Academic journal article Vanderbilt Law Review

Overcoming Another Tragedy in New Orleans: Rebuilding in the Wake of Kelo and Act No. 851

Academic journal article Vanderbilt Law Review

Overcoming Another Tragedy in New Orleans: Rebuilding in the Wake of Kelo and Act No. 851

Article excerpt

I. Introduction

The questions are simple. Do you want to better protect the property rights of private citizens in Louisiana? Do you want to make sure government can no longer take your home for industrial development purposes? Do you want to ensure those protections in our state constitution? ... Voters in Louisiana have an opportunity to take an important step to ensure property-rights protections in the expropriation debate. I urge them to step up and act. It is act now or leave the expropriation issue to be decided by the courts or future unknown legislation. Do you really want to risk that?

Senator Joe McPherson1

Louisiana Senate District 29

During Hurricanes Katrina and Rita, thousands of Gulf Coast residents lost their homes, their possessions, their savings, and some, their lives. Those states hit hardest by the hurricanes have struggled to recover. In places like New Orleans, where hundreds of thousands of residents evacuated and may never return, uncertainty regarding the future of private property has become a fact of life. As the excerpt from Senator McPherson's letter indicates, arguably the single most critical question facing local and state governments trying to rebuild the devastated coast is how to encourage use of abandoned properties to spark the economy.

Michael A. Heller explores this question in an article that analyzes historical situations in which property has gone underused for long periods of time.2 American property law supports an owner's right to subdivide ownership in her property. According to Heller, however, beneath this seemingly free ability to divide ownership lies a subtle property law doctrine that prevents and abolishes excessive fragmentation and thus ensures that owners have the ability to put property to its most productive use.3 Heller elaborated on these general anti-fragmentation ideas with a theory he called the "tragedy of the anticommons."4

The tragedy of the anticommons is often described by comparison to the tragedy of the commons.5 In a commons, "multiple owners are each endowed with the privilege to use a given resource, and no one has the right to exclude another."6 When a commons is created, the given resource is prone to overuse because all parties have unlimited access to it.7 Anticommons property represents the mirror image of commons property; it is "a property regime in which multiple owners hold effective rights of exclusion in a scarce resource."8 In an anticommons, the given resource is prone to underuse because owners typically exercise their exclusionary rights and prevent others from using the land.9 The so-called tragedy of the anticommons occurs when the resource is under-consumed relative to the social optimum.10 Overcoming an existing tragedy of the anticommons requires bundling property rights, through either government or markets, into the hands of a smaller number of parties who will not prevent one another from using the property.11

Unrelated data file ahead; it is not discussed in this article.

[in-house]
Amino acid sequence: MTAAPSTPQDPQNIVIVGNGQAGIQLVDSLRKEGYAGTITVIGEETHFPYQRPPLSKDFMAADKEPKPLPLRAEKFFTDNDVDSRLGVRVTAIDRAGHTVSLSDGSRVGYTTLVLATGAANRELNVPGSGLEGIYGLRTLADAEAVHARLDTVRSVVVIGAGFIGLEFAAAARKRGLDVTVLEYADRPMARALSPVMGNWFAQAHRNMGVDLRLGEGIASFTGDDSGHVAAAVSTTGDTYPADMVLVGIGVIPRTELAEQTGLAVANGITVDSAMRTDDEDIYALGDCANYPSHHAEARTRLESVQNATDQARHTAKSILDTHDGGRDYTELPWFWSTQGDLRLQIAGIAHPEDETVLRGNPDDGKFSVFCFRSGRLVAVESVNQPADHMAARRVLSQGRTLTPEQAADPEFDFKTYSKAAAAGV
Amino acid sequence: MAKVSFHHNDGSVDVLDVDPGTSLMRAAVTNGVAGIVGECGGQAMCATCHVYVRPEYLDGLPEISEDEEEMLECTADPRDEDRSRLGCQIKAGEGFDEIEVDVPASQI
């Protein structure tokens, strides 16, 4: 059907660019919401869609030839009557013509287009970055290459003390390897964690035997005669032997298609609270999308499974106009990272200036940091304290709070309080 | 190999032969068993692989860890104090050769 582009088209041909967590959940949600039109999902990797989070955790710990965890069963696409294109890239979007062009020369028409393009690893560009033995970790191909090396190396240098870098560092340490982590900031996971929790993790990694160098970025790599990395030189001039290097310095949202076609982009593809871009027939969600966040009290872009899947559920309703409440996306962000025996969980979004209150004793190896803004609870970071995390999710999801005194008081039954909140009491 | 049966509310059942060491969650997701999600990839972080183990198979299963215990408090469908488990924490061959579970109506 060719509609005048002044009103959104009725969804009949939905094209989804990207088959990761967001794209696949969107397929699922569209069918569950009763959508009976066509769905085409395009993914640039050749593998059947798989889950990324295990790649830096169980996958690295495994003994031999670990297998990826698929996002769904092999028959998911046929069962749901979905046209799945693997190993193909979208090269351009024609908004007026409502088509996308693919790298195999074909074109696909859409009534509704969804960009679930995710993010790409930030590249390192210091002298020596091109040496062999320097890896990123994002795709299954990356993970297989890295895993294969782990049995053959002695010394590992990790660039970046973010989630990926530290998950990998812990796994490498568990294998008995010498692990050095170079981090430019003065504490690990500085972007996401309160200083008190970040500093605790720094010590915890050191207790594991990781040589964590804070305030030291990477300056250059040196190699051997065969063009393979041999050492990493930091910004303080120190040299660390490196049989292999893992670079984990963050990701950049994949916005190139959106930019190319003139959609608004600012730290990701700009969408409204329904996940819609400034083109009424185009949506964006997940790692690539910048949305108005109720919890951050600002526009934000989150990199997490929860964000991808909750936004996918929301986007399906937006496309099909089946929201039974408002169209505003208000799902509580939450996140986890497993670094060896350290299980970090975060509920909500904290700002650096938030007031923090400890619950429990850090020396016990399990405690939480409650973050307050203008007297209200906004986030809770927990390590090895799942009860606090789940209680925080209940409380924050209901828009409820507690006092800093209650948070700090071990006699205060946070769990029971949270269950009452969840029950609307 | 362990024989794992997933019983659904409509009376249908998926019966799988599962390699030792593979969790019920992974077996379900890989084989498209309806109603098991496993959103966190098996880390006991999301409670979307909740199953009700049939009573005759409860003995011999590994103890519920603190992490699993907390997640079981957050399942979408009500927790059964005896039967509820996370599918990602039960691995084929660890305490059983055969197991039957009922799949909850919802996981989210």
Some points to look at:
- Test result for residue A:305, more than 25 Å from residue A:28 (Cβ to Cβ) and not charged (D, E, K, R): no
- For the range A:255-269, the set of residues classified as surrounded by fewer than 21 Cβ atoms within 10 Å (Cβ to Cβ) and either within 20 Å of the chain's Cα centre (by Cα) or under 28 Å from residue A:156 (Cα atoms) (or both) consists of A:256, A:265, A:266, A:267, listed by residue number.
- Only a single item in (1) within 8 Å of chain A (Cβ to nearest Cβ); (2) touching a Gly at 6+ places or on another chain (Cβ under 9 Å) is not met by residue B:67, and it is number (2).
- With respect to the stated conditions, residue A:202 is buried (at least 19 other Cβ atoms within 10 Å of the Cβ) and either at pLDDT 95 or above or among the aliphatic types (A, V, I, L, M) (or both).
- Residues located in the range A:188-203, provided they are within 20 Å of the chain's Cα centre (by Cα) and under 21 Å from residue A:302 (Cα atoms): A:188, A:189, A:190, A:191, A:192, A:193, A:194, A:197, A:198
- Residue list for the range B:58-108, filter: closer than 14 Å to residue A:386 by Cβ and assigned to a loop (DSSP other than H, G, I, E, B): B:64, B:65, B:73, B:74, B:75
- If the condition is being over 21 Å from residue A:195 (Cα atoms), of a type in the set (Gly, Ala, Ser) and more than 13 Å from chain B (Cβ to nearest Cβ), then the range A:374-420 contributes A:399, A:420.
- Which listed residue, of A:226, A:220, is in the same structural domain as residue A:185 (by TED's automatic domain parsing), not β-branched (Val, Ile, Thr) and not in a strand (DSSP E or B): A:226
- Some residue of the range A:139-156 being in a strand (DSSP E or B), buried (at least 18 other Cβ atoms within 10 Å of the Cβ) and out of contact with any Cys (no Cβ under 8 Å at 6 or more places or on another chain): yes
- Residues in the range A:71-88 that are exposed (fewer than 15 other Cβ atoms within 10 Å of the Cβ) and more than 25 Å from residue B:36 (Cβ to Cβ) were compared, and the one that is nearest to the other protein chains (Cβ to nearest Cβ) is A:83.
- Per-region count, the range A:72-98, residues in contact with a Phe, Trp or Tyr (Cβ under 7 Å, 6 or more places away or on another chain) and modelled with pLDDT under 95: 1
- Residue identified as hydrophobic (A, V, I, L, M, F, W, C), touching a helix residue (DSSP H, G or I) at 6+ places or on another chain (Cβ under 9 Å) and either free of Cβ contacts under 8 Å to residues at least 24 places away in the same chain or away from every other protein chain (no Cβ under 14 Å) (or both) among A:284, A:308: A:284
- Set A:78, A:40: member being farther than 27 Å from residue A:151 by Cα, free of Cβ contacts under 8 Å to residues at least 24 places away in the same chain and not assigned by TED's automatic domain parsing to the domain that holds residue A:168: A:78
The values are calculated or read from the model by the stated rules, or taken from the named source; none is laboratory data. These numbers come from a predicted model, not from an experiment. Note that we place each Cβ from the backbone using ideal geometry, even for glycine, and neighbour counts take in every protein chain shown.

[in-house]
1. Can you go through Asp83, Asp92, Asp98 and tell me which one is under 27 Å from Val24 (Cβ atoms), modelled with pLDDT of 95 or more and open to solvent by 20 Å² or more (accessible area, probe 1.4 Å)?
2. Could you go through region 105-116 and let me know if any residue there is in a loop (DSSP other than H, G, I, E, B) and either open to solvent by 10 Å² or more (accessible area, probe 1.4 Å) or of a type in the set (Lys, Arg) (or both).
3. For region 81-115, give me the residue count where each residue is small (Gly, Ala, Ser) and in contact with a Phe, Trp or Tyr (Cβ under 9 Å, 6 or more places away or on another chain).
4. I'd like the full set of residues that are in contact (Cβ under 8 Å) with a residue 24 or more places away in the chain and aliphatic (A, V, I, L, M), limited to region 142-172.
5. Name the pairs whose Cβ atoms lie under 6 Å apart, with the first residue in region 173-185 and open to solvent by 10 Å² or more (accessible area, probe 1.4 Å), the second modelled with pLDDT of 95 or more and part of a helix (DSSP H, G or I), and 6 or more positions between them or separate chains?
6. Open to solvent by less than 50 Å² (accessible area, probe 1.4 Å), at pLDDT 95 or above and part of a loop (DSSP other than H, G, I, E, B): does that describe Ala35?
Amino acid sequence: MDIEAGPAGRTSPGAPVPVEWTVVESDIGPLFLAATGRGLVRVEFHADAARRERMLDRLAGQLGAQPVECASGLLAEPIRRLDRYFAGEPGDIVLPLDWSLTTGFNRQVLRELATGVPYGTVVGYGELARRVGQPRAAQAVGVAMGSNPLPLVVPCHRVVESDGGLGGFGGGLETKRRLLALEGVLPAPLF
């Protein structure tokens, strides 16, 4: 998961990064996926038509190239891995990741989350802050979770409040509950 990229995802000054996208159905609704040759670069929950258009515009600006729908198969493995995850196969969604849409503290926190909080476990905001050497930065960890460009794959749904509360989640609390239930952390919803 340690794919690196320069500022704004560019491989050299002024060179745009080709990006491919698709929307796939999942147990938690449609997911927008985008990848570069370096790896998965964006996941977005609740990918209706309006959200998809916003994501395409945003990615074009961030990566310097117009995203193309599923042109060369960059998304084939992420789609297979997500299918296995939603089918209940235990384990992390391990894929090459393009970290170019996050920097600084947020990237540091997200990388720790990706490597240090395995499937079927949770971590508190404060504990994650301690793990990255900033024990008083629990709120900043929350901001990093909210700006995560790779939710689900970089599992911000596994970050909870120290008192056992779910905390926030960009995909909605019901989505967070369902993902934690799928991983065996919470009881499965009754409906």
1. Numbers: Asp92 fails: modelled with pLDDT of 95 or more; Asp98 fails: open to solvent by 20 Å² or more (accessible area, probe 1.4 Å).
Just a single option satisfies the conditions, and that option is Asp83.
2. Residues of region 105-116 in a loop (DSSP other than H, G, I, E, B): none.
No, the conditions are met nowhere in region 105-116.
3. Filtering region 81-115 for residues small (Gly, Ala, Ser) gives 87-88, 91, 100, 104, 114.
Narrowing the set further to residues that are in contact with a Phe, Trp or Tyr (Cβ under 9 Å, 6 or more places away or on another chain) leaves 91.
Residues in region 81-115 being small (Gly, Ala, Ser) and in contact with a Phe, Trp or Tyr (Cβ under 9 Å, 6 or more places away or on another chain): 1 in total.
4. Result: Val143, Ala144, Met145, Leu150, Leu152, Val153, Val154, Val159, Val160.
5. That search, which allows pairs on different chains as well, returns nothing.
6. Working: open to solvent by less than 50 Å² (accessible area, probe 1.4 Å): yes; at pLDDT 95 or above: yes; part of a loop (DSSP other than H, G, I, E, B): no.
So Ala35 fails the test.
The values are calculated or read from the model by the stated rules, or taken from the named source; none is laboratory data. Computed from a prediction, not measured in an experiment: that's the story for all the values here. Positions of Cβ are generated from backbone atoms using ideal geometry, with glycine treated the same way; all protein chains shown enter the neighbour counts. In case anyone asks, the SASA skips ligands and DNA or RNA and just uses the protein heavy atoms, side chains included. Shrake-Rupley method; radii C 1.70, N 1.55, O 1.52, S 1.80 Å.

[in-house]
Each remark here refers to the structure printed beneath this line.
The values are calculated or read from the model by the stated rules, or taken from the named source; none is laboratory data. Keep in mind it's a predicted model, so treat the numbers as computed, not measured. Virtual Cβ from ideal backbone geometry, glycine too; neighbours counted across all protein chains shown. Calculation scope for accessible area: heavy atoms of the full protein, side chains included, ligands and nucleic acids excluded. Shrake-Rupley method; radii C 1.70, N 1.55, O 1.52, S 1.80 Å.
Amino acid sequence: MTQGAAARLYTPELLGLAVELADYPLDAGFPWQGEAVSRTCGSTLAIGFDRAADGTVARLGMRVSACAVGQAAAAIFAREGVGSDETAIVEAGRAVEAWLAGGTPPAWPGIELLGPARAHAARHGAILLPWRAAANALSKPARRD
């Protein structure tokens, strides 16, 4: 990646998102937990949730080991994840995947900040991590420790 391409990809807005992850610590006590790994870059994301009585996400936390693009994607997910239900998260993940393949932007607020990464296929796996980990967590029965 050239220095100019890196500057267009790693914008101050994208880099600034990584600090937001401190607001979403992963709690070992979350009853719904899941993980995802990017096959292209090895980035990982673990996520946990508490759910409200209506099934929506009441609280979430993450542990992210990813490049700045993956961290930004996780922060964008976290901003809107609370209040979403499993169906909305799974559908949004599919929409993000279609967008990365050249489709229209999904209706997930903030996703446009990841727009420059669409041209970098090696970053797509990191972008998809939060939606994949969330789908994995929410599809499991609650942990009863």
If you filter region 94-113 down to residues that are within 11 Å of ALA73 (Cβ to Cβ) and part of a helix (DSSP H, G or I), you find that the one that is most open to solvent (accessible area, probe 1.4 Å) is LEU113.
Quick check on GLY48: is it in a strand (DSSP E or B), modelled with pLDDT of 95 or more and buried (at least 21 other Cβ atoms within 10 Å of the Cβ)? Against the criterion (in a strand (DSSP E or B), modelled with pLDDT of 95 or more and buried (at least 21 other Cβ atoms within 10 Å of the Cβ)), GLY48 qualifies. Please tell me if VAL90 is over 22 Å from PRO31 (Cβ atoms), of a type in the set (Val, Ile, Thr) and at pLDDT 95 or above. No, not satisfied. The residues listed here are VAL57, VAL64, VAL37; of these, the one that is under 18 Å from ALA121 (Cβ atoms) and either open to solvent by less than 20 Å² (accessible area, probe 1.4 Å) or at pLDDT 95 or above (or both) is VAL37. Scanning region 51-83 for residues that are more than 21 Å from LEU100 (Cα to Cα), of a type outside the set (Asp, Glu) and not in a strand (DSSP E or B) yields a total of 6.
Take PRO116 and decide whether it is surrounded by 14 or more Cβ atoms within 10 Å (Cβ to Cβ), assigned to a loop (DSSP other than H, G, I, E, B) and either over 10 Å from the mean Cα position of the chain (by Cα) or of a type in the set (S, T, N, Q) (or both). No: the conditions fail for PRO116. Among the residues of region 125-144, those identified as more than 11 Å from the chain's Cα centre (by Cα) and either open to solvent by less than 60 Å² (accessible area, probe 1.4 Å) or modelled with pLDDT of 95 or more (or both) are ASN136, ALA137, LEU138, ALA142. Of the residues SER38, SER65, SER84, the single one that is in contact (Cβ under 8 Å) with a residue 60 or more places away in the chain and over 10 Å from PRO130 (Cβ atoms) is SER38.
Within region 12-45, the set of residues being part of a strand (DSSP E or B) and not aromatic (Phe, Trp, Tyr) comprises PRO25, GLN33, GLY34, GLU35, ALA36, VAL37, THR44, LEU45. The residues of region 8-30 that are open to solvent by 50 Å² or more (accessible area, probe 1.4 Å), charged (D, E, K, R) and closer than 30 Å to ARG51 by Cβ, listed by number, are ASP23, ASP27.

Heller's theory deserves more attention in light of recent developments in constitutional law and the unique challenges facing governments and property owners in Louisiana after Hurricanes Katrina and Rita. In 2005, the Supreme Court released a controversial opinion in Kelo v. City of New London that arguably extended the government's already broad authority to take private property under its eminent domain power provided by the Fifth Amendment.12 The majority opinion, written by Justice Stevens, defined "public use" to allow governments to take property from individuals and sell it to private owners who intend to build hotels, restaurants, and retail and office space on the property.13 Claiming that the Court had long rejected a literal definition of "public use," the majority suggested that a taking for any "public purpose" satisfies the Fifth Amendment.14 In dissent, Justice O'Connor claimed that Kelo eviscerated constitutional protections by permitting a government to take property and transfer it to another private owner so long as that government thought that the second owner would put it to a use more beneficial to the community. …

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